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Know Thy Enemy: Los Angeles Kings Power Play Preview

The Kings are a fantastic possession team, but their struggles with turning possession into quality shots has led to some significant struggles on the power play all season.

Andrew Fielding-USA TODAY Sports

The Los Angeles Kings finished the regular season at 15.1% on the power play, good enough for 27th in the league out of 30 teams. If that's not living proof to the idea that you don't need to have a good power play to win then I don't know what is.

Despite being one of the league's best teams in terms of offensive zone time and puck possession, the Kings for much of the year have lacked finishing power and thus have struggled to get what I would call "quality chances" on the power play, either failing to execute on the play or settling for a mediocre shot.

While there are certainly arguments that LA's season average is about what to expect on the power play, the Kings have been anything but anemic with the extra man as of late. In their seven games against San Jose, the Kings earned 24 power play chances and converted on six of them, good enough for 25%, only marginally behind Anaheim's 26.9% (that's slightly inflated due to a 4/6 performance in game five).

Small sample size granted, but it's no clue the Kings sudden clicking with the extra man was a large contributor to their epic comeback over San Jose. After failing to score with the extra man in each of their final three regular season games, the Kings scored four of their six goals in games 4-7, and notched a pair in game three, which was arguably the turning point of the series.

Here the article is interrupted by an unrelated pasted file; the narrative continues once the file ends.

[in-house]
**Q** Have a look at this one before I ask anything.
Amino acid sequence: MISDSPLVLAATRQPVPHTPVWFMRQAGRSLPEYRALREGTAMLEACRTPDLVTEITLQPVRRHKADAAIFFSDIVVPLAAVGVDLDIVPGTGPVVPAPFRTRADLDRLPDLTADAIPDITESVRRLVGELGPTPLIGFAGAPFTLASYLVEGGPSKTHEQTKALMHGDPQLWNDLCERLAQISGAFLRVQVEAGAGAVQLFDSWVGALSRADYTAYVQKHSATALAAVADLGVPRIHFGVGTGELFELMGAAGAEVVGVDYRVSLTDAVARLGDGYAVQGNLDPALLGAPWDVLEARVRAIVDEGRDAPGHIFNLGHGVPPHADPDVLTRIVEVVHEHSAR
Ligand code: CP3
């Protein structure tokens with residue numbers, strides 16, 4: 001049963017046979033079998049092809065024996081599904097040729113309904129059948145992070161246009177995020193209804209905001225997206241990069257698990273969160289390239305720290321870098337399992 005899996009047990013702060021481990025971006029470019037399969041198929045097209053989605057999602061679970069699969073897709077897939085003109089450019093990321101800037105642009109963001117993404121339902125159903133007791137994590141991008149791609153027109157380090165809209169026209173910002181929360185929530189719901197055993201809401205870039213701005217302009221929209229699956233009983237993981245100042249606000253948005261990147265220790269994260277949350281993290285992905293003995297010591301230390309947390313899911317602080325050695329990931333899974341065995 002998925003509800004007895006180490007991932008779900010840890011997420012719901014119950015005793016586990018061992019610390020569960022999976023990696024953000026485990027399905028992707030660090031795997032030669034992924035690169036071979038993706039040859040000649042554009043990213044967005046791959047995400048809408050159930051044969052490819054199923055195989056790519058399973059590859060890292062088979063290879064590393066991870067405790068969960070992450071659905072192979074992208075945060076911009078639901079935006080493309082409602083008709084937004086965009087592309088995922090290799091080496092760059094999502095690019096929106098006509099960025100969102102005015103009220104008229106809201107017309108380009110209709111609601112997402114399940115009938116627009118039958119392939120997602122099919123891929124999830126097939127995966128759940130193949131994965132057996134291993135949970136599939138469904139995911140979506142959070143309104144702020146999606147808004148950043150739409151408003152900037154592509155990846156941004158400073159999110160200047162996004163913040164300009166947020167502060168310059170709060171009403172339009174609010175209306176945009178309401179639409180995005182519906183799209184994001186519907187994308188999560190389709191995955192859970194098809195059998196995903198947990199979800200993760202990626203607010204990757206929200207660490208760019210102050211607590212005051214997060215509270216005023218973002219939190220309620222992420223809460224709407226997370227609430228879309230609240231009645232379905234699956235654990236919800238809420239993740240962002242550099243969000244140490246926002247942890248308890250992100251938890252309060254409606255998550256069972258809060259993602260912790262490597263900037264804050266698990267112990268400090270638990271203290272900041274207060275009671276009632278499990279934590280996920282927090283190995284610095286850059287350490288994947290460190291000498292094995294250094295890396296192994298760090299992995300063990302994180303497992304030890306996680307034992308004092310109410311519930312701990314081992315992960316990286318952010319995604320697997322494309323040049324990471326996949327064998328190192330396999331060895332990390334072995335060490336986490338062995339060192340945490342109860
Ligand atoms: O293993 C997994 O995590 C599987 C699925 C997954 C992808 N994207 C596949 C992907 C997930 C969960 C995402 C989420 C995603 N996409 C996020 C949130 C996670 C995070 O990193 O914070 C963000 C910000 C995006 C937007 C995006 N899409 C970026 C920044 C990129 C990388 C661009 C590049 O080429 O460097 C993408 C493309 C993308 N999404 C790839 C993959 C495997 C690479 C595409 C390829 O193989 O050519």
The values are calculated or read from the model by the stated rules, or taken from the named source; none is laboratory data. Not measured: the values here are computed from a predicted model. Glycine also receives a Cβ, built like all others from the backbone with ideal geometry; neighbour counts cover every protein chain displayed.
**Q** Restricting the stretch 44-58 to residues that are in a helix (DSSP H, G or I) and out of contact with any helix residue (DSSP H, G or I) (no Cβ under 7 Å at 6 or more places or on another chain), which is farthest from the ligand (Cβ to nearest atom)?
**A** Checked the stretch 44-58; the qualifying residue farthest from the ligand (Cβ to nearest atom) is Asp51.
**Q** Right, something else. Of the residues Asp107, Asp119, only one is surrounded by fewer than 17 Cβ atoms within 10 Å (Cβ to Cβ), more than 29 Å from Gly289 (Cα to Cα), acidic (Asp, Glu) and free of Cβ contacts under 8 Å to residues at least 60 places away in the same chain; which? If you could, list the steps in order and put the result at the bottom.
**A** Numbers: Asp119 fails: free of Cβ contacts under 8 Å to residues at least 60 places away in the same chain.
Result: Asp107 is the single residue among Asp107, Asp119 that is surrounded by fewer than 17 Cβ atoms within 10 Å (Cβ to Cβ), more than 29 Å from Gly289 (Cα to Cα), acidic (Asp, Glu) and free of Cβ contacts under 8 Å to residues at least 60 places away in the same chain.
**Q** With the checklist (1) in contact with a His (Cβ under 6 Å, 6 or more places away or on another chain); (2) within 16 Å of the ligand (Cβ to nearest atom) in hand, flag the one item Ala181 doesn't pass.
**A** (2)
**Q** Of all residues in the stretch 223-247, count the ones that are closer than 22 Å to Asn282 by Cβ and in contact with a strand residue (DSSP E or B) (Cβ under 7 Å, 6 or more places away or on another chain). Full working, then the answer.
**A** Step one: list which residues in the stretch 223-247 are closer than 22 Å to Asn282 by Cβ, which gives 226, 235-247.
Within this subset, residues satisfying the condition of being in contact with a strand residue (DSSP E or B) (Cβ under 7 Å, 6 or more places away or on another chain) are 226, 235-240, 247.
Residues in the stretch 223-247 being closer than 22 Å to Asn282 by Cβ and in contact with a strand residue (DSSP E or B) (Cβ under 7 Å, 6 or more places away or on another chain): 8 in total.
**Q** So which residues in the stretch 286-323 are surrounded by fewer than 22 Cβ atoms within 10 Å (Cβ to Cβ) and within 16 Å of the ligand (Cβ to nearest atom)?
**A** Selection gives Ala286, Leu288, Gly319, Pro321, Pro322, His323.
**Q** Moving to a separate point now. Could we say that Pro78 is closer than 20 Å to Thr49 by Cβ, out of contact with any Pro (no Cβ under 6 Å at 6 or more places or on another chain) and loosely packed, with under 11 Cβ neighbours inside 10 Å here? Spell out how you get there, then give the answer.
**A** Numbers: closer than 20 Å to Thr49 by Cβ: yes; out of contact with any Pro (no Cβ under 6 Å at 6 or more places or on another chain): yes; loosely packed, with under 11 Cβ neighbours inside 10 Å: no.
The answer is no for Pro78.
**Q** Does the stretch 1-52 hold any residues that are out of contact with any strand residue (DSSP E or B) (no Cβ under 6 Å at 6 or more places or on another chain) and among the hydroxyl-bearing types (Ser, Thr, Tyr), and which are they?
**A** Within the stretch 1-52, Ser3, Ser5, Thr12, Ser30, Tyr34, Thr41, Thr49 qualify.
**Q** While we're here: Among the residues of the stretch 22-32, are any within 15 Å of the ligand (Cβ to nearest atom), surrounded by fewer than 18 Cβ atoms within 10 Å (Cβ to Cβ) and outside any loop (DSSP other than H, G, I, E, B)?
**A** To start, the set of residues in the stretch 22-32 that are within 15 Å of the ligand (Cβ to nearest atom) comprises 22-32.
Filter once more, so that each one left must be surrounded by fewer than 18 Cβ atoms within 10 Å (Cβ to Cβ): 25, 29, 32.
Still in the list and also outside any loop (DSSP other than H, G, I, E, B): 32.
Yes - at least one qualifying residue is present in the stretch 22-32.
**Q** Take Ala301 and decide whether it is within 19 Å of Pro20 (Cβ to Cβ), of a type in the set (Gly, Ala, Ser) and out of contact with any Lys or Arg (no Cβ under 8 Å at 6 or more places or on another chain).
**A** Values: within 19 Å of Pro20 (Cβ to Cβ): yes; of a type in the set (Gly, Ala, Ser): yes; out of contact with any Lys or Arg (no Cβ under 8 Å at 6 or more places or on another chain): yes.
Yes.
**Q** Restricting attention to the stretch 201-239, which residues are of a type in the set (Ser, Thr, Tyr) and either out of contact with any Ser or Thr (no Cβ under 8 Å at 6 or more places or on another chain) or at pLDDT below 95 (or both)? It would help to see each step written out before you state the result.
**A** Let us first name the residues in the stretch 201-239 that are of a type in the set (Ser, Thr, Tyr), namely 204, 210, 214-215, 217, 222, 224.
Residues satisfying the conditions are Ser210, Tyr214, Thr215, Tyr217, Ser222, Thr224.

As you can logically expect, their quarterback Drew Doughty led the team in power play scoring that series, notching five points. It's blatantly obvious that the Kings try their hardest to funnel everything through their dynamic defensive stalwart, and why not when he can produce those kinds of numbers. While shot blocking was, and will remain a key for the Ducks in this series, Doughty's true power comes in his distribution, so not overcommitting or scrambling while shorthanded will be vital for Anaheim to contain the Kings while short.

And then there's their offensive threats: Jeff Carter, Marian Gaborik, and Anze Kopitar. Carter led the Kings through the first round with two power play goals, while Kopitar had one and two points. Even by trying to factor out Doughty, the Kings still have a dangerous arsenal of weapons that will be tough to handle.

As for the Ducks penalty kill, I know they have the skill and speed to counter this unit, but that won't do much if they can't get the puck back. So thus, the Ducks will win this matchup if they can keep the Kings out of the middle of the ice. Go back and watch a Kings game and you will see how painfully obvious it is that they try to move the puck to the middle of the ice for a shot, most often by cycling and waiting for a lane to open up to a man who has drifted into a soft spot in the mid to low slot. Out high, the defense will most often rotate to the middle of the ice before letting a shot go. Taking away this area of the ice will put a serious damper on LA, and help keep them from capitalizing on the chances they will inevitably get if the quality of officiating we've seen throughout these playoffs continues.